A Ripple Road Trip - vol. II

As in my first Ripple Roadtrip post, this post is a homage to the wonderful, vast assortment of music that finds it's way into postman Sal's mailbag, and therefore onto our Ripple desks each day. And if there's one thing I love about the Ripple, it's that variety. As opposed to some websites who seem to think they're above the musicians, or the many quality sites out there that focus on a particular genre, here at the Ripple we're one big open mind. Rock, pop, punk, prog, proto-metal. It don't matter. Our job is simply to write about the music that moves us, each and every day.

So today, let's go for another ride in the Ripple Ghia and see what's spinning on the player.

Hurt - Goodbye to the Machine

In this world of post-Nickleback, post-grunge soundalike/lookalike bands, how’s a gang of earnest alt-metallers, with a love of their influences, some serious chops, and a knack for a melody supposed to pull themselves out of the masses? That’s the question that Hurt probably had to answer daily as they prepared this, their third album, their first after being released from their major label contract. And, let me tell you, the answers they came up with surprised me to no end. Forget the straight ahead crunch of nu-metal, Hurt tosses a busload of disparate elements into the mix, delving into the world of neo-prog, expanded song structures, flipping time changes, off-time passages and heaps of expertly played acoustics into the mix. In doing so, Hurt have produced an infinitely listenable disc that I just can’t seem to get out of the Ripple player.

Eschewing digital technology, Hurt recorded this album old-school, with analog tape, and the results are far better because of it. The sound is intimate, warm and full, sounding . . . complete. As much as this album rock, and drops down to gentle passages, mixing up it's approach to each song, nothing ever sounds forced or out of place. It just is, if that's a Zen enough explanation for you. As far as the influences go, you'll find them all here, from Nirvana, Alice in Chains, and the aforementioned Nickleback, to Tool, Seether, Radiohead and more. I suppose most importantly, Hurt manages to transcend these influence, creating a multi-varied album, full of twists and turns, slinky surprises, gorgeous melodies, and ambient beauty that never once forgets how to rock, nearly blowing the doors off my 42 year-old car. "Got Jealous," may be one of the most straight ahead rockers on the album, raging in all it's post-Nirvana glory, until the entire bottom drops out, plunking us down into a stunning moment of acoustic guitar and J. Loren Wince's startlingly naked, deeply emotive vocals. "Pandora," for some reason reminds me of a band like Anathema, (and that's a good thing) rocking out in it's own chiming guitar and bass-loaded groove. When the guitars come in, they crash down like the angry hand of God, wiping the Earth clean of sinners. Then, what is that? A violin? The metallic crunch fading away to an acoustic piano? Didn't see that coming, and appreciate it all the more.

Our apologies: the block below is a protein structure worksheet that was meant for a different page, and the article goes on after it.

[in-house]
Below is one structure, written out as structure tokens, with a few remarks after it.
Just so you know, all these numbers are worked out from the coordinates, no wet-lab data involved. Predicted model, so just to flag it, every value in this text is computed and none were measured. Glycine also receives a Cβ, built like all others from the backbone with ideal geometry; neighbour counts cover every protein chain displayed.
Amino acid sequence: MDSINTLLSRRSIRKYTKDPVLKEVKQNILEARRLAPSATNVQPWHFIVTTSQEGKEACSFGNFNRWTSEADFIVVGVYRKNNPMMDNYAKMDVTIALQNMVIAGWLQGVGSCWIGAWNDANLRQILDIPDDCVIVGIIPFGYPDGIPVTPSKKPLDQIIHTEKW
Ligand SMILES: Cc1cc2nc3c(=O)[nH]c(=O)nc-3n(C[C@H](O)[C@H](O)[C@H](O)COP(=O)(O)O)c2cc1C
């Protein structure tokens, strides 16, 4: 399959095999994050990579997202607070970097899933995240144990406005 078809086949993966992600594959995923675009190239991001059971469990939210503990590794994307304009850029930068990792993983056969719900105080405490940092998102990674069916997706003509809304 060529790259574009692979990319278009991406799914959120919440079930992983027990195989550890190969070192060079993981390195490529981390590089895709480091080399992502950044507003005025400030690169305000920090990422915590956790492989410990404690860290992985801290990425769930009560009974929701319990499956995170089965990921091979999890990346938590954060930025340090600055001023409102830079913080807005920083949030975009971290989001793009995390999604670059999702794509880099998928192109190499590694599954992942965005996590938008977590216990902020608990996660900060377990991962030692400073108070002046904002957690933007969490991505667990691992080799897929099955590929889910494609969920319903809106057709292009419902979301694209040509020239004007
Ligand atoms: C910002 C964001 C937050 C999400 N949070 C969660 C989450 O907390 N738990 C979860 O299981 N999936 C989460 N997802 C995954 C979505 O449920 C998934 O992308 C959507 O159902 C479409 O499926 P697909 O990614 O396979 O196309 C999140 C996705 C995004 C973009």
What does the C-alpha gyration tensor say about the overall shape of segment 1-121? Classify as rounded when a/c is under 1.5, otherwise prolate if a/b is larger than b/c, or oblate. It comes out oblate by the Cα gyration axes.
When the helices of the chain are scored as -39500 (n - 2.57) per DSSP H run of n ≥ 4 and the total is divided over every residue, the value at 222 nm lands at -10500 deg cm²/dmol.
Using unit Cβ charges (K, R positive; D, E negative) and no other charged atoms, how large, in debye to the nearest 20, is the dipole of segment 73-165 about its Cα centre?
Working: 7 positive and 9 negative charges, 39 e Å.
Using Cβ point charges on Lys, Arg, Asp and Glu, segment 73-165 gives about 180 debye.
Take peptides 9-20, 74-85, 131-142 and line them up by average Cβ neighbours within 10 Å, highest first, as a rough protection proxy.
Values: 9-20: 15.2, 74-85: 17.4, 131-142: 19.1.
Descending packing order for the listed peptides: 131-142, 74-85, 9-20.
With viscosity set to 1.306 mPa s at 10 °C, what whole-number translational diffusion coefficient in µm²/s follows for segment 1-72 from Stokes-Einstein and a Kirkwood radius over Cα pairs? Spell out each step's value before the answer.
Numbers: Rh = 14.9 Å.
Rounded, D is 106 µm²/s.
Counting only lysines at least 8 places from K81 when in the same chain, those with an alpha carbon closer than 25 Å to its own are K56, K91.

"Wars," tackles the ideology of human kind's mad quest for self-destruction amongst a brutally powerful ascending guitar riff, layered with piano, bass rolls and effects. "World Ain't Right," starts off a mini-set of acoustic songs, Wince's vocals sounding most reminiscent of Layne Staley here, particularly with the Jerry Cantrell-like harmony vocals. "Sweet Delilah," keeps the acoustic vibe going, though at a quicker pace, while "1331" actually brings in a touch of Red Hot Chile Peppers, in it's light-hearted funk approach. Until the chorus blows your ears off, that is. "Role Martyr," brings the alt-metal roaring back, riding on the spine of a crunchy riff, before layering down into it's groove. What I haven't told you though, are all the twists and turns, breakdowns and time-changing bridges the boys have tossed into the mix to this point. And we're only halfway through. This is an album that rewards repeated plays, unfolding at it's own place, deciding when it wants to reveal it's treasures. And after a good 10 listens, I'm still mining, discovering new, hidden gems each time. An impressive, extremely mature, definitely rocking affair.

buy here: Goodbye to the Machine


Rock 'N' Roll Monkey and the Robots - Back to Beatsville

Besides having a freaking cool name, Rock 'N' Roll Monkey and the Robots have an equally cool sound to go with it. Equal parts early-period B-52's and "Goo Goo Muck,"-era Cramps, a big dash of surf-inspired garage punk, and a heaping dash of "Peter Gunn," uber-cool, RNR Monkey occupy a little corner of their B-movie, sci fi universe all on their own. Listening to this disc is like stepping into the world's most super-cool lounge, populated with a bizarre mix of beret wearing, goatee bearded, poetry-reading zombies. Dancing alien Go-Go girls surround the stage, while sexy, beaded-dress, hip shaking witches tear up the dance floor doing The Sprinkler and The Swim.